The Supreme Court held that the illegitimate children are not entitled to the legitimes under the texas law, which is the national law of the deceased.

N.B. To see why the Renvoi doctrine was not applied in this case, click HERE for the explanation.

CASE DIGEST: CONSUNJI VS. COURT OF APPEALS

GR No. 137873 April 20, 2001

Consunji vs. Court of Appeals

FACTS:

At around 1:30 p.m., November 2, 1990, Jose Juego, a construction worker of D. M. Consunji, Inc., fell 14 floors from the Renaissance Tower, Pasig City to his death. On May 9, 1991, Jose Juego’s widow, Maria, filed in the Regional Trial Court (RTC) of Pasig a complaint for damages against the deceased’s employer, D.M. Consunji, Inc. The employer raised, among other defenses, the widow’s prior availment of the benefits from the State Insurance Fund. After trial, the RTC rendered a decision in favor of the widow Maria Juego.

On appeal by D. M. Consunji, the Court of Appeals (CA) affirmed the decision of the RTC in toto.

D. M. Consunji then sought the reversal of the CA decision.

ISSUES:

  1. Whether or not the petitioner is held liable under the grounds of negligence.
  2. Whether or not the injured employee or his heirs in case of death have a right of selection or choice of action between availing themselves of the worker’s right under the Workmen’s Compensation Act and suing in the regular courts under the Civil Code for higher damages (actual, moral and exemplary) from the employers by virtue of the negligence or fault of the employers or whether they may avail themselves cumulatively of both actions,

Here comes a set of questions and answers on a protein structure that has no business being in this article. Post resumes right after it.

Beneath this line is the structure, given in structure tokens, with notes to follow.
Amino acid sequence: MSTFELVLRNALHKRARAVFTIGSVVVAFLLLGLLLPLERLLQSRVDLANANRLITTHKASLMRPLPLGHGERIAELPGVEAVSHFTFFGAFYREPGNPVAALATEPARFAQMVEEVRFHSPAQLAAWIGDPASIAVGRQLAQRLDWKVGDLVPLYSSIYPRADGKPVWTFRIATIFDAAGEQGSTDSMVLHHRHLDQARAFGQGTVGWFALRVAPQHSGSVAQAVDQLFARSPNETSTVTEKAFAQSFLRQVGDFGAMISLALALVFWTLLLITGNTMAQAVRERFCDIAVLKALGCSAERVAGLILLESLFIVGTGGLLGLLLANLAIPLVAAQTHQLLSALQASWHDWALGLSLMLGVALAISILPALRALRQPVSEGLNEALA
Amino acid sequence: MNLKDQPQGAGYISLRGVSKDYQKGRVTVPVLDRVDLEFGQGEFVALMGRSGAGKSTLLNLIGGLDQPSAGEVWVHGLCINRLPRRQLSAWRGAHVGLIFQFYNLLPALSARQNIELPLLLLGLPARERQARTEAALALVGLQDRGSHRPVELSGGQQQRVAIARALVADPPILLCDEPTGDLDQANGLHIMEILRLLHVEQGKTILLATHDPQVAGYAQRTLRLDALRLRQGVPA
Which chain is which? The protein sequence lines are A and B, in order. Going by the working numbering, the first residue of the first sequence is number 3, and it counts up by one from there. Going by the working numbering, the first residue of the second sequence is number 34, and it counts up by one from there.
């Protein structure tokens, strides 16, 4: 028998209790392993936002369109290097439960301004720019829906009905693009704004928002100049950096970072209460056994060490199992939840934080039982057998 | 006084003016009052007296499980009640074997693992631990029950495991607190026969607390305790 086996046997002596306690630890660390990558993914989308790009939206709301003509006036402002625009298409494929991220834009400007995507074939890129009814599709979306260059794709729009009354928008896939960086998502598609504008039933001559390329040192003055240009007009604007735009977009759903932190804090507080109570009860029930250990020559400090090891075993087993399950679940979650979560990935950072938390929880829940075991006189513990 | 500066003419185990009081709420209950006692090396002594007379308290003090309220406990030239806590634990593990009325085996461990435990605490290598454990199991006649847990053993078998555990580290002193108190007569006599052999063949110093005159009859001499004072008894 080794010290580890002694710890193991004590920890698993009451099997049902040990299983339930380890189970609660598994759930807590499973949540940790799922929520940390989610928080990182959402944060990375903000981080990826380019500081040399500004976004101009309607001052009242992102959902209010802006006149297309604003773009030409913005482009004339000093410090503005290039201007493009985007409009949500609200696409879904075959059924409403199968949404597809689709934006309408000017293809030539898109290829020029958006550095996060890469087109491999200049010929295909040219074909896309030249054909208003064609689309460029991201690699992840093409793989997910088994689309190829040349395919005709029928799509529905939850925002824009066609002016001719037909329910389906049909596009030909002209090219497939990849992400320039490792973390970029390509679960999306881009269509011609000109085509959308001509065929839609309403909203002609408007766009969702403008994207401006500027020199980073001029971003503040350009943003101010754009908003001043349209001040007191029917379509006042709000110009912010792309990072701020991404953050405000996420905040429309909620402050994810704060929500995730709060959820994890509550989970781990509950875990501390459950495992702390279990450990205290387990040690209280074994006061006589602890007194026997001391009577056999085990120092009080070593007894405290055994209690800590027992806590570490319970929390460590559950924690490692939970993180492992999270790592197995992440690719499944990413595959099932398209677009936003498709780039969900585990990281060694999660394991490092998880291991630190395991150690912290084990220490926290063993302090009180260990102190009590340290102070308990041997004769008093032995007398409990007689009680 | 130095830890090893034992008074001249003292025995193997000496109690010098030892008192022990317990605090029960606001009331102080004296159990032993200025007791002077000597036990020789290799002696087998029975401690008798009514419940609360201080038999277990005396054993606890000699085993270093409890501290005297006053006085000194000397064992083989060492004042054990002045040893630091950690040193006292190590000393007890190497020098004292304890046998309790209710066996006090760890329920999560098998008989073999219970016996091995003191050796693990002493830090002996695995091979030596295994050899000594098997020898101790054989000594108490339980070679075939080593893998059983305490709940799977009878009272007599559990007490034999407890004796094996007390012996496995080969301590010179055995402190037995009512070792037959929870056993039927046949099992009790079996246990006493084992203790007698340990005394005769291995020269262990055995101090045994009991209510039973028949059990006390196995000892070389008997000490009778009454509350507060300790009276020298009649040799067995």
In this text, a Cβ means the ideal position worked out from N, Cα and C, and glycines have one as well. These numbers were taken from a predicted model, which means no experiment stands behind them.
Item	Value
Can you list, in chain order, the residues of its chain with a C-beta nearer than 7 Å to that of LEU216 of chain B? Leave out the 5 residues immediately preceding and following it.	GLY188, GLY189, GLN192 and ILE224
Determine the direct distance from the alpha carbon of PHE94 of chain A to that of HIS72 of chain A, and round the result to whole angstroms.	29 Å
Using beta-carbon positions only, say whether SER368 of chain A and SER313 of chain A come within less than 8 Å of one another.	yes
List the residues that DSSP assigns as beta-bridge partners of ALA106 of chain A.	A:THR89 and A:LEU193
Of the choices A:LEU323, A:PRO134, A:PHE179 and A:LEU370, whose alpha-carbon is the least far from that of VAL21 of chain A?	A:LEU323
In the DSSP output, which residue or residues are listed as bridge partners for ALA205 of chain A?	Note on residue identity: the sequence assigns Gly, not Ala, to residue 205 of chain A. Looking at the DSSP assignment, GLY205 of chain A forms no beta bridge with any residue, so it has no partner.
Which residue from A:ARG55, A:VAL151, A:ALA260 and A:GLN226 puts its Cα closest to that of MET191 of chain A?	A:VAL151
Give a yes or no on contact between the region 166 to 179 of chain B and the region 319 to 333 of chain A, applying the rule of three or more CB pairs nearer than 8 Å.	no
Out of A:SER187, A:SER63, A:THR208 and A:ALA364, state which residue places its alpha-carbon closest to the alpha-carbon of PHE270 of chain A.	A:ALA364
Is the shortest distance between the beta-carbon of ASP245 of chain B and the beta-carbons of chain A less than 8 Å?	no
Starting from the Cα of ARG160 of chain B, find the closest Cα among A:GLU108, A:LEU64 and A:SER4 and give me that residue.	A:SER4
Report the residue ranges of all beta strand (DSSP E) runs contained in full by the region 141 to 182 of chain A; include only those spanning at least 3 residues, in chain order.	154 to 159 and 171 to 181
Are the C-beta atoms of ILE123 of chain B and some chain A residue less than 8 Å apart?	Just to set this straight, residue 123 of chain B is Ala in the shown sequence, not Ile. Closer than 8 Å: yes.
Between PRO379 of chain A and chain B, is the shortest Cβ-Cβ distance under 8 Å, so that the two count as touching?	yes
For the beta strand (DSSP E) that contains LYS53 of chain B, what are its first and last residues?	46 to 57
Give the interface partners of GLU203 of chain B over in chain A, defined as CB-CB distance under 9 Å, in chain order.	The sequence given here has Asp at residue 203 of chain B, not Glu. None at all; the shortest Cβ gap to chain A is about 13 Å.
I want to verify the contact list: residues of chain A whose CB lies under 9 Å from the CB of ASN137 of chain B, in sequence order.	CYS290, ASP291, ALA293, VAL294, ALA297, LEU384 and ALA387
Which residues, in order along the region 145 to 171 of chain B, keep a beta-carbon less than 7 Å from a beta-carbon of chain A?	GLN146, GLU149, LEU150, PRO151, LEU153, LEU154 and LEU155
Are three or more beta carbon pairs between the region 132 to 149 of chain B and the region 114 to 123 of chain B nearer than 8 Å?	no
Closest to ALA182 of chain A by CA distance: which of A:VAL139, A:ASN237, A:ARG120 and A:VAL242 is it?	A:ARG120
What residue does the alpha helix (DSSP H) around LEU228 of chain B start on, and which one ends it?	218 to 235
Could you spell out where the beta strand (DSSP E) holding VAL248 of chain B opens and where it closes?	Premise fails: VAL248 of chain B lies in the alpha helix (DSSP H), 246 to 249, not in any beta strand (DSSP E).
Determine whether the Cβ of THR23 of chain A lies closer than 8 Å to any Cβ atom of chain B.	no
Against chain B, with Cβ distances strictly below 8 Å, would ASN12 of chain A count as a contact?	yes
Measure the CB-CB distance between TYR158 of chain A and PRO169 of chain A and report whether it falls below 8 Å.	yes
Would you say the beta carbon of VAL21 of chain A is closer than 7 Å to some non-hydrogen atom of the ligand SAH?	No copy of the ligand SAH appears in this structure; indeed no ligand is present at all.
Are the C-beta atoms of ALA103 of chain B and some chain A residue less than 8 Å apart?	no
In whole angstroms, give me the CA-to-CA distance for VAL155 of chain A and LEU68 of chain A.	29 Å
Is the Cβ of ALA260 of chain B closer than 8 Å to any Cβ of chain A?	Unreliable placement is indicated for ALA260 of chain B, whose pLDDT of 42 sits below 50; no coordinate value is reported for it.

RULING:

  1. The doctrine of res ipsa loquitur (the thing or transaction speaks for itself) is peculiar to the law of negligence which recognizes that prima facie negligence may be established without direct proof and furnishes a substitute for specific proof of negligence. It has the following requisites: (1) the accident was of a kind which does not ordinarily occur unless someone is negligent; (2) the instrumentality or agency which caused the injury was under the exclusive control of the person charged with negligence; and (3)the injury suffered must not have been due to any voluntary action or contribution on the part of the person injured. All the requisites for the application of the rule of res ipsa loquitur are present in the case at bar, thus a reasonable presumption or inference of appellant’s negligence arises. Petitioner does not cite any other evidence to rebut the inference or presumption of negligence arising from the application of res ipsa loquitur, or to establish any defense relating to the incident.